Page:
An ethnography of terrorism trials in Delhi, India, this book explores what modes of life are made possible in the everyday experience of the courtroom. Mayur Suresh shows how legal procedures and technicalities become the modes through which courtrooms are made habitable. Where India’s terror trials have come to be understood by way of the expansion of the security state and displays of Hindu nationalism, Suresh elaborates how they are experienced by defendants in a quite different way, through a minute engagement with legal technicalities.
Amidst the grinding terror trials—which are replete with stories of torture, illegal detention and fabricated charges—defendants school themselves in legal procedures, became adept petition writers, build friendships with police officials, cultivate cautious faith in the courts and express a deep sense of betrayal when this trust is belied. Though seemingly mundane, legal technicalities are fraught and highly contested, and acquire urgent ethical qualities in the life of a trial: the file becomes a space in which the world can be made or unmade, the petition a way of imagining a future, and investigative and courtroom procedures enable the unexpected formation of close relationships between police and terror-accused.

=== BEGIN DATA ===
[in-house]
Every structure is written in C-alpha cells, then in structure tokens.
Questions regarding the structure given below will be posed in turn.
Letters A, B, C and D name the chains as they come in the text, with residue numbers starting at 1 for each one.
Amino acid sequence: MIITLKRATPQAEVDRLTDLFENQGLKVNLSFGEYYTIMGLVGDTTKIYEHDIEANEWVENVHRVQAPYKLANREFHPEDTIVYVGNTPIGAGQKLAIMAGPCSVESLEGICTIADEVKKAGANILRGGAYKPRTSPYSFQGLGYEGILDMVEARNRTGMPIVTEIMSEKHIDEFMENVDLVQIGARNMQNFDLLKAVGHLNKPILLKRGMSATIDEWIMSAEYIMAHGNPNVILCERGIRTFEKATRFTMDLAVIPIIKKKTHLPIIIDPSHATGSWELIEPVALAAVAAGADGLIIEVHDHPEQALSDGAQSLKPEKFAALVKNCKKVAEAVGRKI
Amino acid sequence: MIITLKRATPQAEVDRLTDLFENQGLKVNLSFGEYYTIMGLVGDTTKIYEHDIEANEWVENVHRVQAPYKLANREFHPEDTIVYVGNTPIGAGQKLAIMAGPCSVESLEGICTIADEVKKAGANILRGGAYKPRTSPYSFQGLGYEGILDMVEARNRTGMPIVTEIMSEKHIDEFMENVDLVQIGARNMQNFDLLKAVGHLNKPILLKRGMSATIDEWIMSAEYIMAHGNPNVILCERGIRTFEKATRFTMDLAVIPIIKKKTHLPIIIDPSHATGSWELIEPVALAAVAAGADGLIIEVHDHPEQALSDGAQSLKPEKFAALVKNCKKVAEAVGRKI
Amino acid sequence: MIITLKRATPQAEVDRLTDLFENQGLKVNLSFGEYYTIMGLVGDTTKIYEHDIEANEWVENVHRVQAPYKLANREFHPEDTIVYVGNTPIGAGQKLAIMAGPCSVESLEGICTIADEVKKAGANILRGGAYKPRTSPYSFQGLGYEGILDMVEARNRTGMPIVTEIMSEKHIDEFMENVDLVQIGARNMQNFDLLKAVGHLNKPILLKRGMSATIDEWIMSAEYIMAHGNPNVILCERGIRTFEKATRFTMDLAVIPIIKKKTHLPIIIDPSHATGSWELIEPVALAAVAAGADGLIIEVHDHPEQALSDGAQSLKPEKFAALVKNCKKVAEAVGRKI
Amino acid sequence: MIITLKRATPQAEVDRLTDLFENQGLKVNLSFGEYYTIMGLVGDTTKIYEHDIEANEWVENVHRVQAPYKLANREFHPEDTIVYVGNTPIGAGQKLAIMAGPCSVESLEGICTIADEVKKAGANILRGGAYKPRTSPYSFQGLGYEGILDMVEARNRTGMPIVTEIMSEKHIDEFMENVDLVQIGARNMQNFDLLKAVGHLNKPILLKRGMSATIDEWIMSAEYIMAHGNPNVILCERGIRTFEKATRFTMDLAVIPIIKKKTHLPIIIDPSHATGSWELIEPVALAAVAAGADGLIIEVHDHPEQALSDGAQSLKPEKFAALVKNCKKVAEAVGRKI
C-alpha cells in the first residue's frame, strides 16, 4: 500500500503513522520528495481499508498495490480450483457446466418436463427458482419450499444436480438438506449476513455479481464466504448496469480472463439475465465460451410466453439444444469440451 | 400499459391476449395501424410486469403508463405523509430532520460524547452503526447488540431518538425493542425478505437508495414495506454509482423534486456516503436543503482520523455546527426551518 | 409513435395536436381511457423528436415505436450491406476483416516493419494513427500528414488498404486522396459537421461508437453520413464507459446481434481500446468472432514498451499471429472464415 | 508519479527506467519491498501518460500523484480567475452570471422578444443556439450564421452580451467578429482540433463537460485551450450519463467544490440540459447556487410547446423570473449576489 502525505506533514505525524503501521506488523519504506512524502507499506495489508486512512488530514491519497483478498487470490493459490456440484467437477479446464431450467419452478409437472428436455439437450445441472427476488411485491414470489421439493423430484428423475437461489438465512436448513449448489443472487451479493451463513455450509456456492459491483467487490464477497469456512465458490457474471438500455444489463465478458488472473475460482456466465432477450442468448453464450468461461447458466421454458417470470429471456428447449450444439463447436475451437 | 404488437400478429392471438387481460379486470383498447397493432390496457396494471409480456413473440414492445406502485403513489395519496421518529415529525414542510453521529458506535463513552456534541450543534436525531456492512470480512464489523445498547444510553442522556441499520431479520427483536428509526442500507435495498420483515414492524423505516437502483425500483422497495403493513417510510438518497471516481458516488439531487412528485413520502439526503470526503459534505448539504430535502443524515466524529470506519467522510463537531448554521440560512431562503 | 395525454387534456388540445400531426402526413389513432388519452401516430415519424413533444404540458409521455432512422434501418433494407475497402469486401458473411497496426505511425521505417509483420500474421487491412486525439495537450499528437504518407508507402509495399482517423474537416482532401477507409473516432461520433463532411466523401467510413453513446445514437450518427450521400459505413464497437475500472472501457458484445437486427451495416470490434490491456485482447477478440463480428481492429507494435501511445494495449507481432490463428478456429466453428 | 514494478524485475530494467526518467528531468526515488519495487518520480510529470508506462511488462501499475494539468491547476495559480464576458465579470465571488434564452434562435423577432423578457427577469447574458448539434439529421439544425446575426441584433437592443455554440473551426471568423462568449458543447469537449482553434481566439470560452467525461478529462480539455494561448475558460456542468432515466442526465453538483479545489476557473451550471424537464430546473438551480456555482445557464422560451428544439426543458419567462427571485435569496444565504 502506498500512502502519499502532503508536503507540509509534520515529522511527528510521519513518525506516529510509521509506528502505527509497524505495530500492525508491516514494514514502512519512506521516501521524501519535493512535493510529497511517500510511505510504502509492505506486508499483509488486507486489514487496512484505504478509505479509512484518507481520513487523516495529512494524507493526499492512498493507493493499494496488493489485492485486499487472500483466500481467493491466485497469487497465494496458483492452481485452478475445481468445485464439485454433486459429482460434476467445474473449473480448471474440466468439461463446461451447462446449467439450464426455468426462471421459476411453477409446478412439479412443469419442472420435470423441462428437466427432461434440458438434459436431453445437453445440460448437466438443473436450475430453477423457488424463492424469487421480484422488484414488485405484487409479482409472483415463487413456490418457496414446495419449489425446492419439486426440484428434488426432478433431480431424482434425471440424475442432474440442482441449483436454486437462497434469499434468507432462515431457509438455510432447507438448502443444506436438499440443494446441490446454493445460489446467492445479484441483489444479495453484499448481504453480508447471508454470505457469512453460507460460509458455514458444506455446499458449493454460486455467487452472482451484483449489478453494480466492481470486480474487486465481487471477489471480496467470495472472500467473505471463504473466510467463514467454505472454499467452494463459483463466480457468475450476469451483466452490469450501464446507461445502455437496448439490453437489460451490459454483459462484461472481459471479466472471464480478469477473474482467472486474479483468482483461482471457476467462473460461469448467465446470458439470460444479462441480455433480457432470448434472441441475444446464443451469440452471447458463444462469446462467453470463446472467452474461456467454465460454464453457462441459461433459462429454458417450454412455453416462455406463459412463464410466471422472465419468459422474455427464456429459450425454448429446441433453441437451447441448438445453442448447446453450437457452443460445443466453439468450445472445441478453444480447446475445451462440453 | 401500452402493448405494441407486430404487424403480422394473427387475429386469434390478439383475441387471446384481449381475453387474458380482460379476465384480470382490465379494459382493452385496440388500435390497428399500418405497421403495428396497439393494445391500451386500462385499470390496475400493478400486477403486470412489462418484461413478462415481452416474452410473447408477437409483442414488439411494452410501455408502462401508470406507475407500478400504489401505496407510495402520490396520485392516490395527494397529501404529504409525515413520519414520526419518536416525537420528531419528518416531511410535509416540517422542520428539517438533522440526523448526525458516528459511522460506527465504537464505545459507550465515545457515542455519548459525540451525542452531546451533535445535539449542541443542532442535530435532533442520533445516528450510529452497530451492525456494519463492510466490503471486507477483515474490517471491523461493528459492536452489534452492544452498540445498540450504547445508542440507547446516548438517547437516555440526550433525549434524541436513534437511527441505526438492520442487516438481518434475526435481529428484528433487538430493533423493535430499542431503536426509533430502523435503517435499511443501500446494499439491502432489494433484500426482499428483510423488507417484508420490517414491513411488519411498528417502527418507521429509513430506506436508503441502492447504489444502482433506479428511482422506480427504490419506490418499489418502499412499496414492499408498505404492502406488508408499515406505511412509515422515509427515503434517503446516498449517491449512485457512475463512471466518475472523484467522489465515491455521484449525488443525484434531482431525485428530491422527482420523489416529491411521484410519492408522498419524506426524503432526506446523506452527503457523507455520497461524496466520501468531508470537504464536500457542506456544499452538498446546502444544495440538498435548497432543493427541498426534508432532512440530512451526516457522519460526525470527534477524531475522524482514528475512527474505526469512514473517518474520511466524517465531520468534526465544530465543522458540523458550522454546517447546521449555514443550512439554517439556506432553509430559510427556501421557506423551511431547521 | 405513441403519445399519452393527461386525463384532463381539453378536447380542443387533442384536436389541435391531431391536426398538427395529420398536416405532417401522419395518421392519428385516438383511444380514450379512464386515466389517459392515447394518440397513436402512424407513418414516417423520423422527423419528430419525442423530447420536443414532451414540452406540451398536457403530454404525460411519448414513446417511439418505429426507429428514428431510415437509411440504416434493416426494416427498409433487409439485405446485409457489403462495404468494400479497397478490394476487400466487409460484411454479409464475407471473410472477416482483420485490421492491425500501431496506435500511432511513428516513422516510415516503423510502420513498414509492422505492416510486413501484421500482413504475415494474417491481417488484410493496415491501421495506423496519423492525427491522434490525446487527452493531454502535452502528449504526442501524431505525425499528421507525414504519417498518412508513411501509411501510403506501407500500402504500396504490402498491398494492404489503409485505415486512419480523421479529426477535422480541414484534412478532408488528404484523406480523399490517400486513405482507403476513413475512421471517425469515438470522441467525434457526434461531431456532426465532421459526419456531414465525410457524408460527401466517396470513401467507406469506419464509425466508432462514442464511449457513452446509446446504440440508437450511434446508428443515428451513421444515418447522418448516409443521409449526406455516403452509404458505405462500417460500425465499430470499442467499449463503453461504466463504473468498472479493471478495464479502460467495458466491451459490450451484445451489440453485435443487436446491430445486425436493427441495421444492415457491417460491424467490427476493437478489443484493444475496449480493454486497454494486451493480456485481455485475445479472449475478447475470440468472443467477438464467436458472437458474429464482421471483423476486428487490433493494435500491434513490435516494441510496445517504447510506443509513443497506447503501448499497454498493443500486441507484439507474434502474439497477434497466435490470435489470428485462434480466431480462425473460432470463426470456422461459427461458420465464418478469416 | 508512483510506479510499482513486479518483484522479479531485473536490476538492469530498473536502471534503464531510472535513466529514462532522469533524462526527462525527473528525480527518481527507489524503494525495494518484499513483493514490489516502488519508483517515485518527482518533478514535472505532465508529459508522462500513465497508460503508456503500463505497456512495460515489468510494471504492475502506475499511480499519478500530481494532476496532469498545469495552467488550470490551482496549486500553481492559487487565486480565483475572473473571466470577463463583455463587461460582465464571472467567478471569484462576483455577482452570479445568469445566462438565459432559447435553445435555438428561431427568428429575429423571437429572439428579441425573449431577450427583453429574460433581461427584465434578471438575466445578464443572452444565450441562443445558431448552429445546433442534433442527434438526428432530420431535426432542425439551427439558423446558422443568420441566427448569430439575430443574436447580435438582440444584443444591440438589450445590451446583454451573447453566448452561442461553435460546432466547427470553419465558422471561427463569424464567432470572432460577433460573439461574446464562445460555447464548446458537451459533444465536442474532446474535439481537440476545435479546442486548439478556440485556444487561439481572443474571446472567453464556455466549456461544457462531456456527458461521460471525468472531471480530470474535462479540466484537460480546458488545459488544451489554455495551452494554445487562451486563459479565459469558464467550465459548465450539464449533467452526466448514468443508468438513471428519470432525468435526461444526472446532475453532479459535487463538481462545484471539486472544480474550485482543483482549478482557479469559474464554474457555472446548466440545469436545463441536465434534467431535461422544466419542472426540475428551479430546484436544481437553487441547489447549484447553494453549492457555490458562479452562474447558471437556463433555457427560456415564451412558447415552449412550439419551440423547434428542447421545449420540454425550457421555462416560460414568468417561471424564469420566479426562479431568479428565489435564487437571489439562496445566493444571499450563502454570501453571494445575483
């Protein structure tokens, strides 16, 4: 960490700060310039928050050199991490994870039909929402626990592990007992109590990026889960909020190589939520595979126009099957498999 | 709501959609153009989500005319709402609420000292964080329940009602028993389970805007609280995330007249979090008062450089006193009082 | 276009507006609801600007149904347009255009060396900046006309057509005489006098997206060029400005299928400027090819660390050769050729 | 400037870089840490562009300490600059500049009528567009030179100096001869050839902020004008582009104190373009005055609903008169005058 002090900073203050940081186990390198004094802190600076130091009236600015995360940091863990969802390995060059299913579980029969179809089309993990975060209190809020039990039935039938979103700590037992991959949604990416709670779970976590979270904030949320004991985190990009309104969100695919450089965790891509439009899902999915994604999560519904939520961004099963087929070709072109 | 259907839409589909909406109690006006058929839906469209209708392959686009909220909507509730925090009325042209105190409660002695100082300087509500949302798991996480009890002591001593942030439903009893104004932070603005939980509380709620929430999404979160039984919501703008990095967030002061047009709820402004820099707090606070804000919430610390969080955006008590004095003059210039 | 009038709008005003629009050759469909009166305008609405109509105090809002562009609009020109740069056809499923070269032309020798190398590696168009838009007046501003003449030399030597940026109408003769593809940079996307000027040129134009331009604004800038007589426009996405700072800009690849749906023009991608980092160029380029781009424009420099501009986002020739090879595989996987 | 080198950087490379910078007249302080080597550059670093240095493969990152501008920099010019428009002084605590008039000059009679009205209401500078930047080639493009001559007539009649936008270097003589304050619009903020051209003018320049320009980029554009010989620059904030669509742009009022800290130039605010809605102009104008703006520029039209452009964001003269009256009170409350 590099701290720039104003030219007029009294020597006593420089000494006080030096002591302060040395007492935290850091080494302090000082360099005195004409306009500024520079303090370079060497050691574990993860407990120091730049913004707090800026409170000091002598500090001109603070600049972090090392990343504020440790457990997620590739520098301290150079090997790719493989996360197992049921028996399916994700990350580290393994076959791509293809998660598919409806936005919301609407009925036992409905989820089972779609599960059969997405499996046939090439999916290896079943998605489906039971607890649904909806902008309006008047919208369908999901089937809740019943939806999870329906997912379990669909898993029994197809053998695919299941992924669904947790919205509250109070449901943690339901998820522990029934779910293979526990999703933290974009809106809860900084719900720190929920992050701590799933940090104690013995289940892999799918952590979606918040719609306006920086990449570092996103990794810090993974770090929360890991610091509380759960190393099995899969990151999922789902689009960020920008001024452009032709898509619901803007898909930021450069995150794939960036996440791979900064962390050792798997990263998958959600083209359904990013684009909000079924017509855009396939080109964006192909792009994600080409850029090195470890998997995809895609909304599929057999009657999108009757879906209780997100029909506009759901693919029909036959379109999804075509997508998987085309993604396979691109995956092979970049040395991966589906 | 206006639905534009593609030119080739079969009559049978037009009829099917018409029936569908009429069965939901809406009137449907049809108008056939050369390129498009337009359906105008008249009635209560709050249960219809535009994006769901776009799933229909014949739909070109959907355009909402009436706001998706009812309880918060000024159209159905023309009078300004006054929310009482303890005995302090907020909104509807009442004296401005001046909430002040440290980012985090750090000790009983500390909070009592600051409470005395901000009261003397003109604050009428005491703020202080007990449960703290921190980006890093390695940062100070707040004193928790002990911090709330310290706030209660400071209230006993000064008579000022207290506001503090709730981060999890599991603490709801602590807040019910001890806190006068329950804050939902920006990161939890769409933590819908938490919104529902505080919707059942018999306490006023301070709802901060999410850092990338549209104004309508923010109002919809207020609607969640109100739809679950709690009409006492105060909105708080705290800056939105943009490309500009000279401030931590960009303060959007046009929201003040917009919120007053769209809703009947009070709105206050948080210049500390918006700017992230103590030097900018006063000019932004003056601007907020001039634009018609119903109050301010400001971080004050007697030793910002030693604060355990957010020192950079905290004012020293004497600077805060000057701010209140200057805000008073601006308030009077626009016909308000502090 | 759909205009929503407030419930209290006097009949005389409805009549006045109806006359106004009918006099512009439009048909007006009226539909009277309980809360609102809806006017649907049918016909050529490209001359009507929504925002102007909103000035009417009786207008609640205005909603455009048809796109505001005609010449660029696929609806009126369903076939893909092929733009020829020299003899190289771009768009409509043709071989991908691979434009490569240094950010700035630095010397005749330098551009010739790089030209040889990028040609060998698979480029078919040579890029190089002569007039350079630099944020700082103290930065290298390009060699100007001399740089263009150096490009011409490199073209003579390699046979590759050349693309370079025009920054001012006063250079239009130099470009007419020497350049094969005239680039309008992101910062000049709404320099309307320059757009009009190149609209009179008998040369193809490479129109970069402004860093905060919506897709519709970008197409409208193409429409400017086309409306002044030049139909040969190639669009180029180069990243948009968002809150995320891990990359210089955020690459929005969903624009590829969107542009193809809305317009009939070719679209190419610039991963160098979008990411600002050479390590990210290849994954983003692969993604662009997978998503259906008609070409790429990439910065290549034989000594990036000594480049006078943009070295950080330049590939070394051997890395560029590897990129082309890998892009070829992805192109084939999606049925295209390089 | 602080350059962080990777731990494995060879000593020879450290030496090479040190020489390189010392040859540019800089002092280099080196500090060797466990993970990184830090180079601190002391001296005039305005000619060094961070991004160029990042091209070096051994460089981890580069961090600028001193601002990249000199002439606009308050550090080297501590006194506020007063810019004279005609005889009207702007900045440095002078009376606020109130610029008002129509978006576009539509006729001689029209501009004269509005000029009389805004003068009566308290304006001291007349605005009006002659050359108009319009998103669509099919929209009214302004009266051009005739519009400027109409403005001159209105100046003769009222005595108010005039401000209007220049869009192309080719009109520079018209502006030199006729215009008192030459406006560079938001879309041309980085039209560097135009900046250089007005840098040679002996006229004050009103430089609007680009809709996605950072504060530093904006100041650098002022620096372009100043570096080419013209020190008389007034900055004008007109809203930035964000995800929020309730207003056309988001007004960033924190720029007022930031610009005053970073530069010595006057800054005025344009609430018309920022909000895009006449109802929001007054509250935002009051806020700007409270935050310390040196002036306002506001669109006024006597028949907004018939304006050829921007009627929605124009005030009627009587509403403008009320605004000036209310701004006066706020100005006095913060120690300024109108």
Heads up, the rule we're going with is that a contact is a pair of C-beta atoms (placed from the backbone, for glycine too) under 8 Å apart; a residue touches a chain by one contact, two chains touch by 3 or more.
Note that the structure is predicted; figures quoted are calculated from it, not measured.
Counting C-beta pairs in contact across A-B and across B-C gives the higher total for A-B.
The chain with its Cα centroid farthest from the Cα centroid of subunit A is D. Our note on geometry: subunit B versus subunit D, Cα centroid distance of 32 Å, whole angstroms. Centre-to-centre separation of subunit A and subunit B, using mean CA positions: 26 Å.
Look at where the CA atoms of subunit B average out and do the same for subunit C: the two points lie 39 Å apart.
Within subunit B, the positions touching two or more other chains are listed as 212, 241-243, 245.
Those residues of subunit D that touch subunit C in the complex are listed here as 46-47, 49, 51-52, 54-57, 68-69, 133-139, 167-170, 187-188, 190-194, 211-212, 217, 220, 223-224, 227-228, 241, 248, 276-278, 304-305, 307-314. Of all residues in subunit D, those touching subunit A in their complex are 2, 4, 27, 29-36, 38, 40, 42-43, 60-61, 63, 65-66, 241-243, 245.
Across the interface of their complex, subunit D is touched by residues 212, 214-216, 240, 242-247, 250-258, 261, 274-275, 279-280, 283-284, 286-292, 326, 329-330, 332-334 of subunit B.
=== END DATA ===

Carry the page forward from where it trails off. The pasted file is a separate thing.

In attending to the ways in which legal technicalities are made to work in everyday interactions among lawyers, judges, accused terrorists, and police, Suresh shows how human expressiveness, creativity and vulnerability emerge through the law.